Portland, Oregon (Associated Press)-Fierce. extend. Record-breaking. Unprecedented. unusual. dangerous.

This is how the National Weather Service described the historic heat wave that hit the Pacific Northwest, pushing the daytime temperature to three digits, disrupting the Olympic qualifying games, and breaking the highest temperature record in history in places that are not used to such extreme heat.

Portland, Oregon, reached 112 degrees Fahrenheit (44.4 degrees Celsius) on Sunday, breaking the historical temperature record of 108 degrees Fahrenheit (42.2 degrees Celsius) set a day earlier.

In Eugene, Oregon, the U.S. track and field test stopped on Sunday afternoon, and fans were asked to evacuate the stadium due to the extreme heat. The National Weather Service said that Eugene’s temperature reached 110 degrees Fahrenheit (43.3 degrees Celsius), breaking the historical record of 108 degrees Fahrenheit (42.2 degrees Celsius).

Salem, the capital of Oregon, also set an all-time high on Sunday: 112 degrees Fahrenheit (44.4 degrees Celsius), 4 degrees higher than the old record.

The temperature at Seattle-Tacoma International Airport reached 103 degrees Fahrenheit (39.4 degrees Celsius) on Sunday. NWS stated that this equals the historical record, which is the first three-digit number of days recorded for two consecutive days in the area since the record began in 1894.

Records across the region are being broken, and it is expected that the high temperature on Monday will get hotter before the temperature starts to cool down on Tuesday.

There were also some power outages. Portland General Electric said that about 3,000 customers in the Greater Portland area lost power on Sunday afternoon. Puget Sound Energy reports that there are 3,400 customers in the greater Seattle area.

The heat wave extended to British Columbia, and the temperature in Leiden Village, Canada, reached 115 degrees Fahrenheit (46.1 degrees Celsius) on Sunday afternoon, a record high in Canadian history.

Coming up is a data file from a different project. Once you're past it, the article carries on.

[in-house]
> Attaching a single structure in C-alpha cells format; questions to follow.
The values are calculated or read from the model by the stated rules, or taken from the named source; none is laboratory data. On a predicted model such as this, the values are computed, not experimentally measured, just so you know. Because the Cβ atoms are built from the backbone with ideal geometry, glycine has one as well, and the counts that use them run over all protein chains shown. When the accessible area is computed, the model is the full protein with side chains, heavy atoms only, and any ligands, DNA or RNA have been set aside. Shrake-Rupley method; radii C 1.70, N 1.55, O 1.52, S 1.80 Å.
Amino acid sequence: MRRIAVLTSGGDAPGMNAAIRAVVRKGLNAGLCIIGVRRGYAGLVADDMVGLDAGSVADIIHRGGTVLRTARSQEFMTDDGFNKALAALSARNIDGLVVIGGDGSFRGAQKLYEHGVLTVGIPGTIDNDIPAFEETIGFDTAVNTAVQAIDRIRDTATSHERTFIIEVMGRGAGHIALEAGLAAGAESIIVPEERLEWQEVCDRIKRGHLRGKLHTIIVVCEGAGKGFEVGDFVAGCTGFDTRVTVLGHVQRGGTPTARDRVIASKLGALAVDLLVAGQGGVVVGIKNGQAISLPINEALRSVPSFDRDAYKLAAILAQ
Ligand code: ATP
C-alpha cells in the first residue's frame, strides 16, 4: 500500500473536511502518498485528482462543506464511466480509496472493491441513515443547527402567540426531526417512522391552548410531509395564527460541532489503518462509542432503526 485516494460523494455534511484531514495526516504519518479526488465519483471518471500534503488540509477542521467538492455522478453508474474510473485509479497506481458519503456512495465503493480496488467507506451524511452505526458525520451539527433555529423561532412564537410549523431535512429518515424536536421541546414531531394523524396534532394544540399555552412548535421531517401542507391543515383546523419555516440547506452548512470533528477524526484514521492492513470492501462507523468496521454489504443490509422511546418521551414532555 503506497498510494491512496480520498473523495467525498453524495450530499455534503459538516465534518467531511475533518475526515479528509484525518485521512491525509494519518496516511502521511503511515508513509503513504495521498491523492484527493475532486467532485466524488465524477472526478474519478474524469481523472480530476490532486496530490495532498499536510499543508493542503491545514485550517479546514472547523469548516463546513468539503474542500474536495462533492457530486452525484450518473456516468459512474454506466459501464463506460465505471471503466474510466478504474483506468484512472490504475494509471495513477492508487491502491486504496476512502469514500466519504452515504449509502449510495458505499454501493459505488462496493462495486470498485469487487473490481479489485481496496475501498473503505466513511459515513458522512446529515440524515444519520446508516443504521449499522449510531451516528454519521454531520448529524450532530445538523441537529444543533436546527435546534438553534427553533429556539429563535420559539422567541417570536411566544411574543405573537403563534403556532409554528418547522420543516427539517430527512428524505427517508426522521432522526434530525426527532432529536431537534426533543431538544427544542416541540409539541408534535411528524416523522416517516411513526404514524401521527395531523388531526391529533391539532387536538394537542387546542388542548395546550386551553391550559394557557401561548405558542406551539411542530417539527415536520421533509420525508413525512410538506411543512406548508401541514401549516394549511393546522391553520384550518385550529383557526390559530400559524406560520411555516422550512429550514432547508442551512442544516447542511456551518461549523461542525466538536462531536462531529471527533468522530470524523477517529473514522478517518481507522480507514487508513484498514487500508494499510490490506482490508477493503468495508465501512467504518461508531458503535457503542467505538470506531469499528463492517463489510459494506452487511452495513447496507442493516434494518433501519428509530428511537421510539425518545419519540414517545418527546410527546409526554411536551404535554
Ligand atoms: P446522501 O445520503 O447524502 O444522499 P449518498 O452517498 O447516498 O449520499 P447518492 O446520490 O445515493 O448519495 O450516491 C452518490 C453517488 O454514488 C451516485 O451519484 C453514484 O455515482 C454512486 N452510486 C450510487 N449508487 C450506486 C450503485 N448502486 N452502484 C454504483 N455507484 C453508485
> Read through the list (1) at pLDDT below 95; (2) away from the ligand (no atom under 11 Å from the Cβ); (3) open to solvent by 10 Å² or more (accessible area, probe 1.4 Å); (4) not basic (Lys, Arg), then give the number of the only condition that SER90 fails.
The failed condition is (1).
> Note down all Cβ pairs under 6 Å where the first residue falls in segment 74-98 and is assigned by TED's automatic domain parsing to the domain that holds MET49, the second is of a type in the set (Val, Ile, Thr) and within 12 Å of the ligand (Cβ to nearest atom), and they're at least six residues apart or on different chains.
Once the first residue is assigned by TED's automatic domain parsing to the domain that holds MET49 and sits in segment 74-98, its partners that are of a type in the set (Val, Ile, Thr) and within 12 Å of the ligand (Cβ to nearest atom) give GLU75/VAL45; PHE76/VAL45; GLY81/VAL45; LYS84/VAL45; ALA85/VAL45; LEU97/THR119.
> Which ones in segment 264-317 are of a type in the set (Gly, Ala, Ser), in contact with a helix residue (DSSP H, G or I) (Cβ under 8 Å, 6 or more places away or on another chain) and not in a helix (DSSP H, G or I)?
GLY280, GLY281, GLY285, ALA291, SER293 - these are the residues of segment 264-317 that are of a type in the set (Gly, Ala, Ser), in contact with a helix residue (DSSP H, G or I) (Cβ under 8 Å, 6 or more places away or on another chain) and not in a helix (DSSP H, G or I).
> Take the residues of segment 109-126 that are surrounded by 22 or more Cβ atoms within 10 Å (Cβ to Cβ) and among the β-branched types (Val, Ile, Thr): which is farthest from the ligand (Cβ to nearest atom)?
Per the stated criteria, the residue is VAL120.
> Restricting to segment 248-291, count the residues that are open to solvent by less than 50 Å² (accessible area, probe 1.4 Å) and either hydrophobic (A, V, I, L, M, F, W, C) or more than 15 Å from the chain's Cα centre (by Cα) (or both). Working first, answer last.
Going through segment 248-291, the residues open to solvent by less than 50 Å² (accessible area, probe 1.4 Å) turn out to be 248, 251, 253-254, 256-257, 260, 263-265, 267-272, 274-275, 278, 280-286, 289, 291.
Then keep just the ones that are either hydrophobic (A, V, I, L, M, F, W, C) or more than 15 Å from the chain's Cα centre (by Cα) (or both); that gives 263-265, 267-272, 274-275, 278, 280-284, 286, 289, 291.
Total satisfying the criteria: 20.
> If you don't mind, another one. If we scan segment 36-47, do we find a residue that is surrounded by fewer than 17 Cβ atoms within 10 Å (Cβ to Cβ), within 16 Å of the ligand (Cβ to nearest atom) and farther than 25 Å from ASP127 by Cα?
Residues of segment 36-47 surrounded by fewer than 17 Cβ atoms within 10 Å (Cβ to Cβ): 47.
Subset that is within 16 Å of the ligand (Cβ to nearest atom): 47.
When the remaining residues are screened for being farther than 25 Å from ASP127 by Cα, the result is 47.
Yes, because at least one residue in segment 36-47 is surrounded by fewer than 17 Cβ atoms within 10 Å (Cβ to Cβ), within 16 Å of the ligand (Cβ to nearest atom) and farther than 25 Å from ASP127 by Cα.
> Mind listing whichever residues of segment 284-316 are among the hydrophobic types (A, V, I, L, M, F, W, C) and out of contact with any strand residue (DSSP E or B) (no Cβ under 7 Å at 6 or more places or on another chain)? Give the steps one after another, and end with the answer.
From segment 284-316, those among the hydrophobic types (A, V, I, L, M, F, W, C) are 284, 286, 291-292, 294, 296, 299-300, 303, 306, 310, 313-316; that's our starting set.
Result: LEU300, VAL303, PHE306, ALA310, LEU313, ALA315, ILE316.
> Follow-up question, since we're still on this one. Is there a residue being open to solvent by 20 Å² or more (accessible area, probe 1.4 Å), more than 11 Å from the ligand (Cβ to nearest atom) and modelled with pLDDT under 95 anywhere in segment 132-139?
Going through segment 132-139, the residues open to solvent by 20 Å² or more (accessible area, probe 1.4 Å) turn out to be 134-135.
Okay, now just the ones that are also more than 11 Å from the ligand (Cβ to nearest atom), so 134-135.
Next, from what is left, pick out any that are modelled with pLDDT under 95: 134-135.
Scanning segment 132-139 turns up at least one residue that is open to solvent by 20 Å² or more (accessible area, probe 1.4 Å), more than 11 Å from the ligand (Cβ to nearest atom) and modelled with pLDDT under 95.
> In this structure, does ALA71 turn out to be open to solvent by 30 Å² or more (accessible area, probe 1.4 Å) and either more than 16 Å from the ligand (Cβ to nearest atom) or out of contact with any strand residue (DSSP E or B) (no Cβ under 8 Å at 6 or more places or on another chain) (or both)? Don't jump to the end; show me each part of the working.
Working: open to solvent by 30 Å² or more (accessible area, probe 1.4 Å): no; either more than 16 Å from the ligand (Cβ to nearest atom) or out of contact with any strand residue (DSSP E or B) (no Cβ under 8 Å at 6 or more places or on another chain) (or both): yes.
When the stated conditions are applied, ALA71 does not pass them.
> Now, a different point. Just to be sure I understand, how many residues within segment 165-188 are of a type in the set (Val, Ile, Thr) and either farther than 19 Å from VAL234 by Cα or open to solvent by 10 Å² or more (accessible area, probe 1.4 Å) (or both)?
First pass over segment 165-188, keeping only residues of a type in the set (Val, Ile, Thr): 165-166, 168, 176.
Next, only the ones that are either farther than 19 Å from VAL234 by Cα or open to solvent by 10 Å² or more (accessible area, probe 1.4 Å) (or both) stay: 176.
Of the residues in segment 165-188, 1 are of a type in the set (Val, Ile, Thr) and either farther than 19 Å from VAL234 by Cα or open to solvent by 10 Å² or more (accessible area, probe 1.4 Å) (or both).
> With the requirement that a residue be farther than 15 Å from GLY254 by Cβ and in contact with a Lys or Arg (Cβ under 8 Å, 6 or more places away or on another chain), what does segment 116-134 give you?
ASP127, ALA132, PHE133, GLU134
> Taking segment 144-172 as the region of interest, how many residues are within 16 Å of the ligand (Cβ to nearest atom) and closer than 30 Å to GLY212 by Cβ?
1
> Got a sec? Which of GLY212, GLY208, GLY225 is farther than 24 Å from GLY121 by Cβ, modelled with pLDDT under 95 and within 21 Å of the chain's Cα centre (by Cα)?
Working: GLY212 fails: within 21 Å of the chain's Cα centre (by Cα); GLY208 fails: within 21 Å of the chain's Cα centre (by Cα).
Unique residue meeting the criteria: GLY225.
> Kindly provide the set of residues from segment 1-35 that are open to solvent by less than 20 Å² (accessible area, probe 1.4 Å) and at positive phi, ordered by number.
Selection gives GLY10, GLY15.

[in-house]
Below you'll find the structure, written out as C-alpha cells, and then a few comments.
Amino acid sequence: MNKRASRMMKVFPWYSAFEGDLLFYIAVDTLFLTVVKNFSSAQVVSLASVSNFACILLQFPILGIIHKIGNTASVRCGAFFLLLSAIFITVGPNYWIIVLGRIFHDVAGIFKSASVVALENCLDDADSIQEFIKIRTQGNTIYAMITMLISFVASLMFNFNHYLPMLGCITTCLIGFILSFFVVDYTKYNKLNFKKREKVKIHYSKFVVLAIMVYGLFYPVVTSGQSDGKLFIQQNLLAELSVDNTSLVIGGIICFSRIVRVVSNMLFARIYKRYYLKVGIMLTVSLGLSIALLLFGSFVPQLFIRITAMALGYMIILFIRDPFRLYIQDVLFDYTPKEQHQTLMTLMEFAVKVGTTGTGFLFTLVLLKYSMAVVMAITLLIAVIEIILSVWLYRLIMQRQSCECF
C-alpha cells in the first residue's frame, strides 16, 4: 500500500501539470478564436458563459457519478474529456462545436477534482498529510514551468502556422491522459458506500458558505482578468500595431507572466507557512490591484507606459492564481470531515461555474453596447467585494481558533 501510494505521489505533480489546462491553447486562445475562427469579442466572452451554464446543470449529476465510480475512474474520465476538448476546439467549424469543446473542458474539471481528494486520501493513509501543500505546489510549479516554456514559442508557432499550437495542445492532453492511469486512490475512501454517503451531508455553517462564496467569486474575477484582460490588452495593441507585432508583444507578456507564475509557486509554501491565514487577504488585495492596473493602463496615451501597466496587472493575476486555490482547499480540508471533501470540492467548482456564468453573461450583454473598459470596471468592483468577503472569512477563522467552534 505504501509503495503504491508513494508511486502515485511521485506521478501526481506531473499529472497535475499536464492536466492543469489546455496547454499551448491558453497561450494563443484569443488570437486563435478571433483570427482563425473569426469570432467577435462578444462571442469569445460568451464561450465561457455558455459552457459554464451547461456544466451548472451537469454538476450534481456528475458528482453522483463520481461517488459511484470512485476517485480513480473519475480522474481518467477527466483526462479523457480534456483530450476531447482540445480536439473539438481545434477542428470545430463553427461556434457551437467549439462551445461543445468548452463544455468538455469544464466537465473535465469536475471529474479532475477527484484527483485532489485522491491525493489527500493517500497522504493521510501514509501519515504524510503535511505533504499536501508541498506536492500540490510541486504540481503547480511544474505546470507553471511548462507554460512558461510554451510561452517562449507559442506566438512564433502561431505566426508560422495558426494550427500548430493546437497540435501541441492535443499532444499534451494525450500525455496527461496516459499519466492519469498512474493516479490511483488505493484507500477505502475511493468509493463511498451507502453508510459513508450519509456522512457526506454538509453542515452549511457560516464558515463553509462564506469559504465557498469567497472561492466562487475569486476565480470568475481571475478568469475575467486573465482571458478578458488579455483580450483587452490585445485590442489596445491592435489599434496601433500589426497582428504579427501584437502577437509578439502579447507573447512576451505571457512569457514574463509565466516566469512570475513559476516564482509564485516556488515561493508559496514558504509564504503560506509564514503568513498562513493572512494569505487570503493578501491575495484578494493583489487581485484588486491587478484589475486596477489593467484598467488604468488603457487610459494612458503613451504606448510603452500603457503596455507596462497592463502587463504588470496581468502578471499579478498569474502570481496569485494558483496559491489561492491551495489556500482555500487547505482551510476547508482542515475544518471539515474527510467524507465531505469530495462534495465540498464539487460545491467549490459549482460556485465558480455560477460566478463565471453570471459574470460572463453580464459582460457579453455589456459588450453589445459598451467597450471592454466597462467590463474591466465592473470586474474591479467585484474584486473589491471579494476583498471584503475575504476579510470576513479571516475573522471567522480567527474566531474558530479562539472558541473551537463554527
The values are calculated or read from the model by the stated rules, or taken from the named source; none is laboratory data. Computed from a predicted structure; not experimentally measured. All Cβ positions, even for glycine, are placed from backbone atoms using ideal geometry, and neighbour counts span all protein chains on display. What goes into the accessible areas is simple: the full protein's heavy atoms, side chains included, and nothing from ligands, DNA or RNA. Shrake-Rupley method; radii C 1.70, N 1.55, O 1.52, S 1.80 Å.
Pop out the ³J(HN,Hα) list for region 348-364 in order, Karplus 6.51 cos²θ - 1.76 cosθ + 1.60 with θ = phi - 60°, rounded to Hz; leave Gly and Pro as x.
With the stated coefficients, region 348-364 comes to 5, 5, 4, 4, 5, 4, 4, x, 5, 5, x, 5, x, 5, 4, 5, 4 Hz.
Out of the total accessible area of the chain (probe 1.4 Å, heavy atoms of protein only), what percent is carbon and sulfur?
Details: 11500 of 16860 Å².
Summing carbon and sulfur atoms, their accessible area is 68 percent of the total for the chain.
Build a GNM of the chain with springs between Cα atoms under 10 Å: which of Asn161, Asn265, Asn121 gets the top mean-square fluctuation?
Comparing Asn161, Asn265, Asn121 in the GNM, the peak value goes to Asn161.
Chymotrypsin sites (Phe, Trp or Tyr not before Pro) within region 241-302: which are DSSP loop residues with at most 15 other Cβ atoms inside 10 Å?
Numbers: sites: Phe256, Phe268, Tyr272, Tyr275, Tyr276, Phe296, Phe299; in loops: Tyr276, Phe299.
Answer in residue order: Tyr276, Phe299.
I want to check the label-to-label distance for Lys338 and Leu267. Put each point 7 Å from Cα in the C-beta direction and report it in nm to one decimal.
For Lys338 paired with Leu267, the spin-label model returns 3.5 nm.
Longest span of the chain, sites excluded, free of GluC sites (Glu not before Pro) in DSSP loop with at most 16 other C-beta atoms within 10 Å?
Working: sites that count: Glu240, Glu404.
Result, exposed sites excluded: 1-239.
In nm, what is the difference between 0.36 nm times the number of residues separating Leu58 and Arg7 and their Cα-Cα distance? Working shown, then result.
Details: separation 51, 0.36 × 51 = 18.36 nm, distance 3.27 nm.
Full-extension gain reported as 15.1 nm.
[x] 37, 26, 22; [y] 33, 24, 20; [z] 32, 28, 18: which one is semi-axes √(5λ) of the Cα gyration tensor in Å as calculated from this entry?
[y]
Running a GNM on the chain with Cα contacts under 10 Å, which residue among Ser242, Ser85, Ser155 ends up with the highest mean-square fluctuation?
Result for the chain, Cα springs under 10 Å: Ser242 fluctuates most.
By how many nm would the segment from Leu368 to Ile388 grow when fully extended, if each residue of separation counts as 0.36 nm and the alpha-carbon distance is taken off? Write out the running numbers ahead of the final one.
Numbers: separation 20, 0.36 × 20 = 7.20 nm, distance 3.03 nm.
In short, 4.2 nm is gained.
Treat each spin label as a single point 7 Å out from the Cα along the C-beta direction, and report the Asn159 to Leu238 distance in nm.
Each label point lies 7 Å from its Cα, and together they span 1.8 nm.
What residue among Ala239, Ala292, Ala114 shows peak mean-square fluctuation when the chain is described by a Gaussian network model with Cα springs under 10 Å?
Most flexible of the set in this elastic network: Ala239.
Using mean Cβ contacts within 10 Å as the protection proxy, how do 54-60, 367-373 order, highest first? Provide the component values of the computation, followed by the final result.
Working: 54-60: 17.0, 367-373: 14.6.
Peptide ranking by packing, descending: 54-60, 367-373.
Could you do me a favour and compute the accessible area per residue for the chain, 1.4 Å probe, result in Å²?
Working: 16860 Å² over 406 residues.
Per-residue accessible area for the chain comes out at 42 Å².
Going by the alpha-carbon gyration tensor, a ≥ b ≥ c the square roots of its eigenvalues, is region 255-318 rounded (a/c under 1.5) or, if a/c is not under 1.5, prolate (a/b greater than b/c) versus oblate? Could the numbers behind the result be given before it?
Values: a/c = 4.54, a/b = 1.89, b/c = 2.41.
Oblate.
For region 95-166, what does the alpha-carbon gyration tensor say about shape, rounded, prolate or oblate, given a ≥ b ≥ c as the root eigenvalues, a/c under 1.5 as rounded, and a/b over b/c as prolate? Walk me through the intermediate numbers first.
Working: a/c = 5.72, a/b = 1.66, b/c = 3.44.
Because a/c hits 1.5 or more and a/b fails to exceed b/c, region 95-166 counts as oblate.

High temperature warnings have been issued in most parts of western Canada, and the country’s Meteorological Bureau said that a large number of daily temperature records in British Columbia, just north of Washington State, have been broken.

Due to “unsafe and dangerous pool deck temperatures”, Seattle’s weather became so hot on Sunday that the City Parks Department closed a community swimming pool in the south of the city.

Due to the high temperature, Jinxian closed several COVID-19 detection points. According to the Seattle Times, Seattle opened more public library branches on Sunday and will open more cooling centers again on Monday.

Sound Transit said on Sunday that due to overheating on the tracks, Seattle light rail trains may have to slow down, causing delays that may continue into the work week.

The heat wave has also entered Idaho. Starting from Monday, it is expected that Boise’s temperature will exceed 100 degrees Fahrenheit (38 degrees Celsius) for at least 7 days. Forecasters say that Ontario, Oregon, a city close to the border with Idaho, may experience three-digit temperatures for at least a week, including temperatures as high as 109 degrees Fahrenheit (42.8 degrees Celsius) on Wednesday.

The city reminds residents where there are swimming pools, splash mats and cooling centers, and urges people to stay hydrated, check neighbors and avoid strenuous activities.

Despite this, about 3,000 athletes participated in the triathlon in Coeur d’Alene, Idaho on Sunday. The start time of the race was moved to 5 a.m. The race included 2.4-mile swimming, 112-mile cycling and 26.2-mile marathon (3.9 kilometers of swimming, 180 kilometers of cycling and 42 kilometers of running).

According to KHQ-TV, the organizers of the competition stated that they have 62,000 pounds (28,000 kg) of ice on the water refill station, spray station and frozen towels that can be distributed to athletes.

The Coeur d’Alene Fire Department has added additional firefighters and paramedics because they usually receive additional dehydration calls during the event. According to KREM-TV, they had 60 firefighters on Sunday instead of 17 firefighters.

Ironman Medical Tent Coordinator Stan Foster said that 525 people were in the medical tent during Ironman in 2015, when the temperature rose to more than 100 degrees. He told KREM-TV that five people had gone to the hospital.

“The most important thing we tell people is, first, don’t try to set a record in your game. Take your time. Have a good time. The weather will be very hot,” he said. “Then don’t just drink water.”

The National Weather Service in Coeur d’Alene stated that this week’s weather “may be one of the most extreme and longest heat waves ever recorded in the inland northwest.”

The hot weather is caused by an extended “hot dome” parked in the Pacific Northwest. Kristie Ebi, a professor at the University of Washington who studies global warming and its impact on public health, said that as climate change reshapes global weather patterns, heat waves that last for several days are an experience for the future.

The high temperature is expected to enter western Montana from Monday.


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